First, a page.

Other technological advances
Technological advances to improve the safety and accuracy of administering intravenous medicines have been around for some time, initially using barcodes (https://safersleep.com/about-safersleep/company-history/).598 The electronic aspects of these arrangements can work satisfactorily but the whole system can still rely on the operator self-filling the syringes and applying the barcode themselves.599 Until departments are using almost a complete range of their anaesthetic drugs in appropriately labelled prefilled syringes it seems hard to justify the investment and training in this technology as one of the major benefits of giving the right drug will not be guaranteed. Perhaps the money should be spent providing prefilled syringes first. Barcodes also may not be the ultimate technology as embedded radio frequency identification tagging is available and other technologies will surely be developed. Such systems also have the benefit of linkage to electronic anaesthetic record systems both for recording doses and timing and also for identifying potential drug interactions, alerting the operator when about to give a drug to which the patient is allergic (http://www.bd.com/intelliport/).
Incident reporting and learning
Local and national incident reporting systems have existed for some time (https://www.rcoa.ac.uk/salg) and many of the recommendations above have been developed from consideration and analysis of previous critical incidents.345 Local Incident Reporting Systems provide the additional opportunity for the implementation of corrective measures and system improvements particularly adapted to the local circumstances.577 This process has reduced the amount of patient harm produced, but it is a continuous and never-ending process. With learning, its dissemination and reliable implementation it is hoped that lessons will not need to be relearnt, but as new medicines and administration techniques are introduced it is only natural for unintended incidents to occur and so critical incident reporting should be a routine part of clinical practice. Without a linked system to analyse these incidents and then recommend and promote ways to reduce them it is not coherent. Also, for an effective and sustainable reporting system the staff needs to be given regular feedback and their must be demonstrable learning from their reporting efforts: without this they will naturally see no good purpose in spending their time continuing to submit reports and stop, to the detriment of all.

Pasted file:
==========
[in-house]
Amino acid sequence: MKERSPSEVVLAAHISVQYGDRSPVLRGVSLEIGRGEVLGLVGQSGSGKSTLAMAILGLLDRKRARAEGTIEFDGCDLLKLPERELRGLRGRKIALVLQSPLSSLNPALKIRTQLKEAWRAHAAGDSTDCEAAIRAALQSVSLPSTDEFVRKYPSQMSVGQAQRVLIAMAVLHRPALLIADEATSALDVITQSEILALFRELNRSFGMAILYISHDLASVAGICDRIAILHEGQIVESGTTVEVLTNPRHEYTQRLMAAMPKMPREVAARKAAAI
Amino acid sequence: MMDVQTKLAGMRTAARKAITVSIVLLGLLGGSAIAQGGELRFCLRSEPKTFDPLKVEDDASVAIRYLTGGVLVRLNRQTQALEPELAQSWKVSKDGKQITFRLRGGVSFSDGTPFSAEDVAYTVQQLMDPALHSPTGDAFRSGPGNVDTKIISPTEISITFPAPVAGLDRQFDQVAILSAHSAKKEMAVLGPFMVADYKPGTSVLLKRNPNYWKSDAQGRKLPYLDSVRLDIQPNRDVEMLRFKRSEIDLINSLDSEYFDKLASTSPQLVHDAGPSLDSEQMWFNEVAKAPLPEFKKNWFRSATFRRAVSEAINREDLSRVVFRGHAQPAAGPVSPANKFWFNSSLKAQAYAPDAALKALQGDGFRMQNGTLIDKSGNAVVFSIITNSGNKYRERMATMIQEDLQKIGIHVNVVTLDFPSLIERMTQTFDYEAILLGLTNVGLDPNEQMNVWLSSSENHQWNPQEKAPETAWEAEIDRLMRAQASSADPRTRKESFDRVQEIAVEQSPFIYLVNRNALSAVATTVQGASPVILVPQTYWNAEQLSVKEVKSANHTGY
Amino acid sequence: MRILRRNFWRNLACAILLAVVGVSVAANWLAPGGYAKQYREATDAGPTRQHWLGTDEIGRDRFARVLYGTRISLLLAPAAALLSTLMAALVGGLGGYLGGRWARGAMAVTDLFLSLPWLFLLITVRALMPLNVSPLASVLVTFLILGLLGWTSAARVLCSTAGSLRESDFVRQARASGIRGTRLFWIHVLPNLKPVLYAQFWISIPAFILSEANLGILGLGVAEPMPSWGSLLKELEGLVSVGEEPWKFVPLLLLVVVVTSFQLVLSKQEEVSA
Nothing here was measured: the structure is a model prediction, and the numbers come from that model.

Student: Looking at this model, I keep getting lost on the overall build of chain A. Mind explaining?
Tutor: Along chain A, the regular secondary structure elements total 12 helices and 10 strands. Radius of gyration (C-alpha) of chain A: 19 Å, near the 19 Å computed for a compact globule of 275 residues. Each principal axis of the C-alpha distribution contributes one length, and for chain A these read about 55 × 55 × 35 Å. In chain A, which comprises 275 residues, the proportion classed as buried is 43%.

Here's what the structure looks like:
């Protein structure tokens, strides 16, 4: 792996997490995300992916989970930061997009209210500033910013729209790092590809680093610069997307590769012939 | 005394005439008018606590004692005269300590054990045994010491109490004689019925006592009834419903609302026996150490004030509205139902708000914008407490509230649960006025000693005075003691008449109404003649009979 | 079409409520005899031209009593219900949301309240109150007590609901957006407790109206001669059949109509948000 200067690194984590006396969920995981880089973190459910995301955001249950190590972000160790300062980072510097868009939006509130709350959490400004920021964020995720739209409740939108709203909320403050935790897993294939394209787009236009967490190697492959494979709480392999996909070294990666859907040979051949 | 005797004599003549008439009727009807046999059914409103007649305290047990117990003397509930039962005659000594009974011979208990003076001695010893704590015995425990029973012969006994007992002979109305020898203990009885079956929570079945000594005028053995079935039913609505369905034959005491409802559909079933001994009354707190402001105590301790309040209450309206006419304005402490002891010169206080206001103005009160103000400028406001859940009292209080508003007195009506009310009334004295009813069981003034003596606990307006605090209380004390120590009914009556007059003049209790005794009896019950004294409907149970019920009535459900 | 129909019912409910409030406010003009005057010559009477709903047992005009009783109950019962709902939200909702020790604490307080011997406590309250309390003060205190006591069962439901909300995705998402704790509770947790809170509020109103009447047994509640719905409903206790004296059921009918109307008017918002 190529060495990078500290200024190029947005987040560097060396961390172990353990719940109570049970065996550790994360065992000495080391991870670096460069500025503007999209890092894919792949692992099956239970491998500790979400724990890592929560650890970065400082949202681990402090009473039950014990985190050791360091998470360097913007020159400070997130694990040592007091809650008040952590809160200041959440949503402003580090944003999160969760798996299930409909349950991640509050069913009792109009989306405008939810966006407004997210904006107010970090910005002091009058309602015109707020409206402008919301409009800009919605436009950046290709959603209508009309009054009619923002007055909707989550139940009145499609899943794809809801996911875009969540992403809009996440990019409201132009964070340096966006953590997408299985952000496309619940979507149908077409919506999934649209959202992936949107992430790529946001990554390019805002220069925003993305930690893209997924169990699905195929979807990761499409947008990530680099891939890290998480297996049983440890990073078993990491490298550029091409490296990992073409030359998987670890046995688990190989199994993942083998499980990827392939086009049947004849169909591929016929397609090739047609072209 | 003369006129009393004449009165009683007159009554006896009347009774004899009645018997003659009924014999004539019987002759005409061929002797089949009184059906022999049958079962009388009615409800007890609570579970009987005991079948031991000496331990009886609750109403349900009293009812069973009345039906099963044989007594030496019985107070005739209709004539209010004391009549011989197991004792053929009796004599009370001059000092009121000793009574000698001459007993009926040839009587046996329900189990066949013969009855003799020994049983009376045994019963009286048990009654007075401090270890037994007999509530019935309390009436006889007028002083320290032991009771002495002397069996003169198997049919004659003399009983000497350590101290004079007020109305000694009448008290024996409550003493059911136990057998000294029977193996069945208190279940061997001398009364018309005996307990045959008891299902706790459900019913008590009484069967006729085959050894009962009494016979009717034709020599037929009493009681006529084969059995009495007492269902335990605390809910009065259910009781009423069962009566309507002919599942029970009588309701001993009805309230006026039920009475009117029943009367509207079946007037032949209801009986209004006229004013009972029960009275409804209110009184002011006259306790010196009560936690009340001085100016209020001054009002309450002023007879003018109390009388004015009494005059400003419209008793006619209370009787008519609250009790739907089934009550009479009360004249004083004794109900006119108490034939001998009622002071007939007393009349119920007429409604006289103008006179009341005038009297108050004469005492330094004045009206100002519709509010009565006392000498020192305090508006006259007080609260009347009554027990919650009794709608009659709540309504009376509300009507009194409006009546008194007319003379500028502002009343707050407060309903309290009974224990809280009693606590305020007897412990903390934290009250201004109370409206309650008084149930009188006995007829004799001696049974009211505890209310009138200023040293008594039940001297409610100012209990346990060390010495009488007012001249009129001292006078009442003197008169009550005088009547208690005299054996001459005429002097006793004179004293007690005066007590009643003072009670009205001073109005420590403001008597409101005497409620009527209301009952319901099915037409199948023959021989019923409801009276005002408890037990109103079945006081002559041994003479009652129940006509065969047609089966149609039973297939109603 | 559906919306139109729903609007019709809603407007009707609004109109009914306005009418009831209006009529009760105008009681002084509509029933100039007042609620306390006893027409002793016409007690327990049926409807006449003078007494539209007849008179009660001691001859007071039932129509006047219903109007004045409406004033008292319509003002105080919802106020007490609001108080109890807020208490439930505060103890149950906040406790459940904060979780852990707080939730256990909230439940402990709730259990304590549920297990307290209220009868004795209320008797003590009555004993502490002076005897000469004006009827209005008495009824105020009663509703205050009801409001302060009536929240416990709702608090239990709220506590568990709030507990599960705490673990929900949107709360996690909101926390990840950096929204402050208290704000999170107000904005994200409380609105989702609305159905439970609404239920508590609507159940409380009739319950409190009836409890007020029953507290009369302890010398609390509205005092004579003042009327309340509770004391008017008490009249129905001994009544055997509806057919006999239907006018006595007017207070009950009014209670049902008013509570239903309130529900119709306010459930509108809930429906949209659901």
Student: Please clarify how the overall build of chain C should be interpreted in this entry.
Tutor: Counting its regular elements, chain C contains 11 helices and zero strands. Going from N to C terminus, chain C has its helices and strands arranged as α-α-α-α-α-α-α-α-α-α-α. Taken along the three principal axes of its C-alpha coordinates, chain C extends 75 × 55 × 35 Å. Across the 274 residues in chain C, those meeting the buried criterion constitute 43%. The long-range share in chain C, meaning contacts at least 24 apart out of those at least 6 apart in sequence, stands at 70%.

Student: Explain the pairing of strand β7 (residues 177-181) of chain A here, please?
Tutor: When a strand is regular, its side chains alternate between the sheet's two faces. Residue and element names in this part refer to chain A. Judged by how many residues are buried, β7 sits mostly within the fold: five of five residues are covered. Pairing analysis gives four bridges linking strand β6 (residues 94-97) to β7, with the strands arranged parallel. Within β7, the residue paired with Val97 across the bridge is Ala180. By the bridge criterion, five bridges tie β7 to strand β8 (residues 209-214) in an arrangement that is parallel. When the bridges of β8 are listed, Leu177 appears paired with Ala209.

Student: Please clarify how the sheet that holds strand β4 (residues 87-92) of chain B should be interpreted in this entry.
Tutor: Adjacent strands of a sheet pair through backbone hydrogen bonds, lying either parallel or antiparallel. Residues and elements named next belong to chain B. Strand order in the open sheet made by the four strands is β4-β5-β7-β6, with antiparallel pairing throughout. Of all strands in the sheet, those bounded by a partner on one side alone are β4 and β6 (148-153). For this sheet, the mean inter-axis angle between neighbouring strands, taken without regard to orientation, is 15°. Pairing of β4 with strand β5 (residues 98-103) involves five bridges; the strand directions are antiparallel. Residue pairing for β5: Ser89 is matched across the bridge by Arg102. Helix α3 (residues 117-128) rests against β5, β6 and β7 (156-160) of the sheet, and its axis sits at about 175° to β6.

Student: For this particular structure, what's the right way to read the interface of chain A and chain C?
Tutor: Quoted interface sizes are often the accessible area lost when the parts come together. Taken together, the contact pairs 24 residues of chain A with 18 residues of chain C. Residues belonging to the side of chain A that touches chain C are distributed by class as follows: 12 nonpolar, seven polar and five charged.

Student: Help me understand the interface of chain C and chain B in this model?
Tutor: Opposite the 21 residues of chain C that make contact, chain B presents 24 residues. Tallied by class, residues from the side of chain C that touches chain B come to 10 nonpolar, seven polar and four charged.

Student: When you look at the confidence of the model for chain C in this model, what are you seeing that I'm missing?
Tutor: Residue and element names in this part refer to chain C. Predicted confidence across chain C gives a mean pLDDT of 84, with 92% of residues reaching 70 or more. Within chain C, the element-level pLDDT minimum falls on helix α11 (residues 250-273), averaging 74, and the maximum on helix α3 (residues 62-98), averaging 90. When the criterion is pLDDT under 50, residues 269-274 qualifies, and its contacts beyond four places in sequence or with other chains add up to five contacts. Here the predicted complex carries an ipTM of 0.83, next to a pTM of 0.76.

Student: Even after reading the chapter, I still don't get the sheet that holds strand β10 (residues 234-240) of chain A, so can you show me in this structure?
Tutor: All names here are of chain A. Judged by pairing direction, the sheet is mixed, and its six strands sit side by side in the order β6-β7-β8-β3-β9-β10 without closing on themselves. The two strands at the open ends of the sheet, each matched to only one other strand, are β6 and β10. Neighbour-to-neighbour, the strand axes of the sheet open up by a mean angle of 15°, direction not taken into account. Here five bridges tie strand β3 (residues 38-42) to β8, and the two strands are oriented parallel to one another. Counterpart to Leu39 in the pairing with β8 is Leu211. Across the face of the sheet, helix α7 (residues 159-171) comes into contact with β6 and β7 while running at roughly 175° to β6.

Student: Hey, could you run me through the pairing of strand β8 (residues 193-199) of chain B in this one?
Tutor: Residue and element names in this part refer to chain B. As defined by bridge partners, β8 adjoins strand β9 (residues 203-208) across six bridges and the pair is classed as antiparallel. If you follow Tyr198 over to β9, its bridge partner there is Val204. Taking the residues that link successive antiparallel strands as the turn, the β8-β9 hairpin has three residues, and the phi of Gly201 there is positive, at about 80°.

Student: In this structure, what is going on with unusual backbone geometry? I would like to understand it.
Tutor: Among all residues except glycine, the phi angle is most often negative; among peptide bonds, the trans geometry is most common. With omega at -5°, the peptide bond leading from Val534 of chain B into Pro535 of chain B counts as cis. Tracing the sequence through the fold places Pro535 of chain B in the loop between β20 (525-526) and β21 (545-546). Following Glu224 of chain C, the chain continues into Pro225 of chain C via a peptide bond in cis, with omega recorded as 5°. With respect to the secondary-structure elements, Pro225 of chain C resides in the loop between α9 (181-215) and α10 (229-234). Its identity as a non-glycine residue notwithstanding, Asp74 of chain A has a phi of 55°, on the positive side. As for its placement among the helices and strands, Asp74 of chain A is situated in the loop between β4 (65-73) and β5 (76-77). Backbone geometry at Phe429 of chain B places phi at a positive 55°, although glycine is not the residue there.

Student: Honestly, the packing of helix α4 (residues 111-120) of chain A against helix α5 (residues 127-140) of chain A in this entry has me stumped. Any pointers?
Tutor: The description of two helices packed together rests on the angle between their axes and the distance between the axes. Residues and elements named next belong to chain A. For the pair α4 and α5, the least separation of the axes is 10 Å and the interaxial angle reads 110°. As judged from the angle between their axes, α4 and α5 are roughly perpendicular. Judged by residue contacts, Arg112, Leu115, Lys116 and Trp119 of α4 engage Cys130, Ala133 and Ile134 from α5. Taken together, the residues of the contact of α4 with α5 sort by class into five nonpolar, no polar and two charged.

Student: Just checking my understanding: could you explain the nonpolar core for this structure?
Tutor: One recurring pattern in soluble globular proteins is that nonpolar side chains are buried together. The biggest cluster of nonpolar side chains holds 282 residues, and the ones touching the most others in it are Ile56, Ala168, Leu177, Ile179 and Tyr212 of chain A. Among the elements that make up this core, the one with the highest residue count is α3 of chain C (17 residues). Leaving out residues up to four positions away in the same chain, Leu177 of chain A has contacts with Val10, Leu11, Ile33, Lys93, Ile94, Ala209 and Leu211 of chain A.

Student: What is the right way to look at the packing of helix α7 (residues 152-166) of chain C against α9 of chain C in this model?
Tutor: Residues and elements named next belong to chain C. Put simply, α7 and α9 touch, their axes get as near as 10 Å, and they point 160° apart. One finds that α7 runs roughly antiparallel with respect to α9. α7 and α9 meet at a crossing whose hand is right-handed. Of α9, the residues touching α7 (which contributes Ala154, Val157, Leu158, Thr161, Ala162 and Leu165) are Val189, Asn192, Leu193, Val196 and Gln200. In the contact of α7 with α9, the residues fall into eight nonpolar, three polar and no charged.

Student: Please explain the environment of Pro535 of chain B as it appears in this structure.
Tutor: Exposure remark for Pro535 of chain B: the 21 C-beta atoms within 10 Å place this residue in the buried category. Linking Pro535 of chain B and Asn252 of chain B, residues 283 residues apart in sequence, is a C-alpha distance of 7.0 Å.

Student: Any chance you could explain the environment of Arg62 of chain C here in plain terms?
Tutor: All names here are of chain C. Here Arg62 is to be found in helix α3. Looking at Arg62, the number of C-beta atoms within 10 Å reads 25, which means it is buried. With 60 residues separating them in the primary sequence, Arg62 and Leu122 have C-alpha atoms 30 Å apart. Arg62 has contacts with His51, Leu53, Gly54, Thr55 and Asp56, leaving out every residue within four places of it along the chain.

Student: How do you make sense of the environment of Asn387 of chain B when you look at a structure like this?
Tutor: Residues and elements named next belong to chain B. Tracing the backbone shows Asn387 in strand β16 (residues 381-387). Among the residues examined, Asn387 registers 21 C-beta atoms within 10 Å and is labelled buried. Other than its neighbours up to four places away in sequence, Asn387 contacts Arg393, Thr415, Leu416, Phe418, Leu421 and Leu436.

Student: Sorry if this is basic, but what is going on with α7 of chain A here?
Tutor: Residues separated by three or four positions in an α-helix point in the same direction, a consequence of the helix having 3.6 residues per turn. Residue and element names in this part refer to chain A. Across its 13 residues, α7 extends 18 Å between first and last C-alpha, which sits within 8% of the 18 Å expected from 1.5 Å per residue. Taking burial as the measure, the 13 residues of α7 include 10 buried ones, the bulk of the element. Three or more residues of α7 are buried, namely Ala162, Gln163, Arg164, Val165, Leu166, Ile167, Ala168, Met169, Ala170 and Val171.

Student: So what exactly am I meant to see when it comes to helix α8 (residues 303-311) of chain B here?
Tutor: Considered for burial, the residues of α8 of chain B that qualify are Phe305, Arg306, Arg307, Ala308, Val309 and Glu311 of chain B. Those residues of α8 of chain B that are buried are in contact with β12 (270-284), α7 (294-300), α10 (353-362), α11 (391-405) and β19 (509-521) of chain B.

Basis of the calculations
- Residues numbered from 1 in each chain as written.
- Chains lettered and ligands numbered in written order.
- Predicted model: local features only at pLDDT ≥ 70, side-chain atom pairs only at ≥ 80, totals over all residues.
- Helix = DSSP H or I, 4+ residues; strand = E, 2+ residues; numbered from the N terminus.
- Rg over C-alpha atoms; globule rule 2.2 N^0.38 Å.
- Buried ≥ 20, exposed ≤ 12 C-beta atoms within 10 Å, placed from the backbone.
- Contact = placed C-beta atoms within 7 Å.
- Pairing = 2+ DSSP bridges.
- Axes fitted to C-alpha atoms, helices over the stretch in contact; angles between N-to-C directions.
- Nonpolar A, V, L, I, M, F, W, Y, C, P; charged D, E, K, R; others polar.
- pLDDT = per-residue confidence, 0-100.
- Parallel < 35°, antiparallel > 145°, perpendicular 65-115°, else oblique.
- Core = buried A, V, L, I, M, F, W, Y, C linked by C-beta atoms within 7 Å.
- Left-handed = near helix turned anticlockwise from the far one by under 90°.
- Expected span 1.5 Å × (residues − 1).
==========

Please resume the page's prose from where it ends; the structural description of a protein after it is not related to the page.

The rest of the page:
Anaesthetists are becoming increasingly aware of the potential pitfalls of administering intravenous medicines and medication safety has been recognised as a global problem by the WHO with their third WHO Global Patient Safety Challenge ‘Medication without Harm’. Following on from the Helsinki Declaration the EBA produced Recommendations for Safe Medication Practice. This chapter has discussed many of these and other recent developments in this complex area. Guidelines without implementation are of limited value and the latest edition of these recommendations also included a 13-point checklist to help and encourage departments to implement them and monitor their progress.573 Every individual anaesthetist should be mindful of medication safety issues in their own daily practice as they prepare and administer the necessary medicines to the patients in their care.